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By B.L. Ochman

Airbnb, which has apologized more times in the past month than Anthony Weiner or Elliot Spitzer ever did, is the latest brand to suffer serious reputation damage as a result of (take your pick) ignorance, arrogance, or inexperience. Their latest round of apologies contains (finally!) what sounds like real improvements in the service. Time will tell.

If you haven’t been following the situation, AirBnB, is an online service that helps homeowners in 186 cities around the world rent their homes while they are out of town. The young company is one of the latest tech startups to convince VC investors its worth a billion dollars.

Unfortunately for a blogger who goes by EJ, not all renters are the kind of wonderful, considerate people you’d want in your home in your absence. In July, she says she “returned home from an exhausting week of business travel to an apartment that I no longer recognized. To an apartment that had been ransacked.”

Her story spread like wildfire, and Airbnb has been apologizing profusely since it realized it had to.

Apparently, Airbnb didn’t carry insurance for this kind of incident. They refused, at least initially, to reimburse EJ for damages. And she also claimed that they pressured her to retract her blog post saying that the company was actually not concerned about her well-being.

She claimed that Airbnb’s co-founder and CEO, Brian Chesky “requested that I shut down the blog altogether or limit its access, and a few weeks later, suggested that I update the blog with a “twist” of good news so as to “complete[s] the story”.

This morning, Airbnb posted a bunch of new security policies on the site. And Chesky, wrote a blog post and sent a letter to its users to apologize again and to announce a new $50,000 guarantee that will begin on August 15th to protect the property of hosts who book through its Web site. Sadly, nearly a month had passed since the incident.

Chesky: “we have really screwed things up”
Explaining the delay, Chesky wrote, “We felt paralyzed, and over the last four weeks, we have really screwed things up… In the last few days we have had a crash course in crisis management. I hope this can be a valuable lesson to other businesses about what not to do in a time of crisis, and why you should always uphold your values and trust your instincts.”

In addition, the site now has 24-hours customer service, a new Trust and Safety Center; verification of host and guest’s identity (which, astoundingly, didn’t exist before!); increased screening of inquiring guests, including letting the potential host see their full name and pictures before deciding to accept or decline a request. Plus a whole bunch of common sense, common safety policies that make it clear it’s a miracle nothing even worse happened before this incident!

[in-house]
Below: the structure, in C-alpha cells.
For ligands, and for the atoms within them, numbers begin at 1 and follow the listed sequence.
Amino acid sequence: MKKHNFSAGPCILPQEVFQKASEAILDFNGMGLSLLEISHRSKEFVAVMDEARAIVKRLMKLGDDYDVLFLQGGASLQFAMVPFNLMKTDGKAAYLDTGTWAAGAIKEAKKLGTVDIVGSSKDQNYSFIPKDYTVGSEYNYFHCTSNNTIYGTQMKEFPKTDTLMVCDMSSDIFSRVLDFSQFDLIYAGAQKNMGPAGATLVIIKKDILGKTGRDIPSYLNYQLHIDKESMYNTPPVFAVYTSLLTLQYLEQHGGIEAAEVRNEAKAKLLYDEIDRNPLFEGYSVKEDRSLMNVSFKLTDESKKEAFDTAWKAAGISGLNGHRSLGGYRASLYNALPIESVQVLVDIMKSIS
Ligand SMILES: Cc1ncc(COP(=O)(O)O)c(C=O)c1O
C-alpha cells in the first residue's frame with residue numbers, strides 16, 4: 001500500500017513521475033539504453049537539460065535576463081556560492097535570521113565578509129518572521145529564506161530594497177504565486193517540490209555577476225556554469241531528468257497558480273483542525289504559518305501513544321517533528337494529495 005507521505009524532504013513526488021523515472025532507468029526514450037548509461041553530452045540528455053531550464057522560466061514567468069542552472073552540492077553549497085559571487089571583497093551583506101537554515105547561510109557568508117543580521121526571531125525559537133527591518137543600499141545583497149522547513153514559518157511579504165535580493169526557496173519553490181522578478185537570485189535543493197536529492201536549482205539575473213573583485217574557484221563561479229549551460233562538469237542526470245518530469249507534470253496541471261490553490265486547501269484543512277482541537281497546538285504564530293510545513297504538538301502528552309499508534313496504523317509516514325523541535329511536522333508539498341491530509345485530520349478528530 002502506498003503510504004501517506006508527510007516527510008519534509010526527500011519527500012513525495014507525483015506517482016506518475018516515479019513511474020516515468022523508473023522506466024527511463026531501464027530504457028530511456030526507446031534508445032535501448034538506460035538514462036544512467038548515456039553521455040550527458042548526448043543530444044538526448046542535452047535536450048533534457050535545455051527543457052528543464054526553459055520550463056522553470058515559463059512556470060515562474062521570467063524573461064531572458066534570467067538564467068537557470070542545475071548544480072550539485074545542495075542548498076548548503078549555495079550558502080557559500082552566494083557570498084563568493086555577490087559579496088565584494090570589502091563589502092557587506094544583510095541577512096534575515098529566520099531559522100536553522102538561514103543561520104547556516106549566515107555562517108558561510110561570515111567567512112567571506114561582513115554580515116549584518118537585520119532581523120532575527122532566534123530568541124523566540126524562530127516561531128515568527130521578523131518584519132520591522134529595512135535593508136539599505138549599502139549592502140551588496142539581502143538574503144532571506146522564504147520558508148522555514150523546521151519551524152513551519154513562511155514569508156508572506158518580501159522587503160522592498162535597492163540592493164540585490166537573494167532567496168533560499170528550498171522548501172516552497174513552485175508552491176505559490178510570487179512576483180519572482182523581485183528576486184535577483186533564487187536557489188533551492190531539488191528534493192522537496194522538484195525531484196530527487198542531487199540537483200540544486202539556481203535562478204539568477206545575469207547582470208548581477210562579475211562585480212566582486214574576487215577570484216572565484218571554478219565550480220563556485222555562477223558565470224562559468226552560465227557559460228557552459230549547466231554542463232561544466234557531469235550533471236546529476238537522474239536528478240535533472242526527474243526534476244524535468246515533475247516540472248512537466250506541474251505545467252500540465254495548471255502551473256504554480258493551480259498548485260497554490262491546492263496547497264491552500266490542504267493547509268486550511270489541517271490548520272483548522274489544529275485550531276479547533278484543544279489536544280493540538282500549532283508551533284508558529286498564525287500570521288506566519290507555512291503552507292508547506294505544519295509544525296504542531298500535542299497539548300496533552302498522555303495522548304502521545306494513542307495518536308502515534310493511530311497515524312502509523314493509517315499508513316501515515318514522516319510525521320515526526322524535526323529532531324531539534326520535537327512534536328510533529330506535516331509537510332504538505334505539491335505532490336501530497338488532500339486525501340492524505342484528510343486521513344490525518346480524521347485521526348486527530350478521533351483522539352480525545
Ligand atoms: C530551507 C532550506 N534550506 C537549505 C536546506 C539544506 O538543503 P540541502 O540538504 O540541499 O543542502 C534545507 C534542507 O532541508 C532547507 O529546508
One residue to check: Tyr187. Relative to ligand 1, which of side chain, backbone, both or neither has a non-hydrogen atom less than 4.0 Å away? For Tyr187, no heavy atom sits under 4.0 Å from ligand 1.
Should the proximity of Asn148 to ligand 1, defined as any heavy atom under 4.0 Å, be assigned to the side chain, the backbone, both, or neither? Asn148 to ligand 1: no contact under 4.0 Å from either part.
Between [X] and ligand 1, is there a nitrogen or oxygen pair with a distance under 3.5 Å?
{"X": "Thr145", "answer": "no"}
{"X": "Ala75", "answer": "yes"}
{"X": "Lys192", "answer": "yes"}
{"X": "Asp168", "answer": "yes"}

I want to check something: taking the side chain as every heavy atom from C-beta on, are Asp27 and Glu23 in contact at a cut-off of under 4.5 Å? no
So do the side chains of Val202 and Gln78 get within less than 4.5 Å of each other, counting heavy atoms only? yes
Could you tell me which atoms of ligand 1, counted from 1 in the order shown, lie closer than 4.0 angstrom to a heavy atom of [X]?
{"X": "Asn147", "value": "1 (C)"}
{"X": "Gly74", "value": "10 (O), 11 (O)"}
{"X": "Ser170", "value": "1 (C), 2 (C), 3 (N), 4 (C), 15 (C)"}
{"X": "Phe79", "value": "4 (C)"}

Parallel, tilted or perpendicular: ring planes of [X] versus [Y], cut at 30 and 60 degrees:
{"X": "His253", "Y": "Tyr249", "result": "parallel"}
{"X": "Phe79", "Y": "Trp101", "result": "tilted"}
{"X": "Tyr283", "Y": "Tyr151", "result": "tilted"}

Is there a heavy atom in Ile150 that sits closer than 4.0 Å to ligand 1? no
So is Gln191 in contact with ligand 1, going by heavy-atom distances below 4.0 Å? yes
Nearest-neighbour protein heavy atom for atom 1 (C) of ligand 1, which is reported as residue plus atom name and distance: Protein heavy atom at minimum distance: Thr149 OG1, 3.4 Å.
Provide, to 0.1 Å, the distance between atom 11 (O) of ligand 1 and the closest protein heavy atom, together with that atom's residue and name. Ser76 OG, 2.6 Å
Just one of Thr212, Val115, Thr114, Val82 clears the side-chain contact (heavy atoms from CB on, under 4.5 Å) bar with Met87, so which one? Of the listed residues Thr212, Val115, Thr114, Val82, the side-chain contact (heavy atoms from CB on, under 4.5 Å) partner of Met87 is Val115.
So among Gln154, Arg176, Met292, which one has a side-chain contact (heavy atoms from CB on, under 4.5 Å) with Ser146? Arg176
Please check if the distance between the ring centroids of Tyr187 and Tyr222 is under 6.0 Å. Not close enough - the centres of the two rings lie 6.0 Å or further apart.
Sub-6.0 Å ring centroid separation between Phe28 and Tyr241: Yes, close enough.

What should they have done?
They hadn’t thought about worst-case scenarios and how they would respond to them. They hadn’t made any kind of crisis plan.

They waited too long to respond, and when they did respond, they were initially defensive instead of apologetic.

Key take-a-ways for every brand doing business today:
Quick response is critical
Address all available channels, especially the one in which the incident surfaced
Monitor your brand 24/7. Brand monitoring has to be constant. There are all levels of tools, from free Google Alerts when the brand name hits Google, to elaborate monitoring systems that cost thousands of dollars a month. Pick one. Use it.
Acknowledge issues quickly. Nobody expects immediate resolution of any issue. But people do expect a brand to acknowledge a problem and promise to deal with it quickly. Quickly these days means within hours, but at least that gives you time to think.
Admit mistakes. Airbnb could have saved itself a whole bunch of negative press and brand damage by immediately admitting that they screwed up instead of waiting a month.

Be prepared for a brand attack
• Have a crisis strategy: don’t jump without a parachute
• Plan and practice for the worst – don’t try to figure it out when your brand is under fire
• Have a “dark blog” ready to go – don’t try to build one in the midst of a crisis
• Don’t make your first foray into social media during a crisis.

Classic cases of brands punked by social media include:
Motrin moms – moms unleashed a Twitter storm when they thought a Motrin ad was insensitive
Domino’s – videos of employees doing disgusting things to food went viral online, viewed by millions of people, leading to a 10% drop in sales
Kryptonite bike locks – suffered major sales downturn after a YouTube video showed how to open one of the locks with a ball point pen
Dell Hell – Dell did semi-permanent damage to its reputation by ignoring bloggers, including me, who complained about lemon computers
Comcast narcolepsy – a Comcast repairman was filmed sleeping on a customer’s couch while waiting more than ½ an hour to get through to his own company
Taco Bell rats – video of rats partying inside a Greenwich Village Taco Bell went viral
All of these brands made the same mistakes. They waited too long to respond. They didn’t respond in the medium where the problem surfaced. They didn’t apologize fast enough, and they didn’t immediately say that they would make changes to prevent the same issue from happening again in the future.

What goes online, stays online. Some brands recover if they play their cards right, and make real changes. Others don’t.

Learn, plan, change: before it’s too late for your brand.

Bonus Links
Top 8 ways to stop pissing off your customers
Six lessons from customer service hell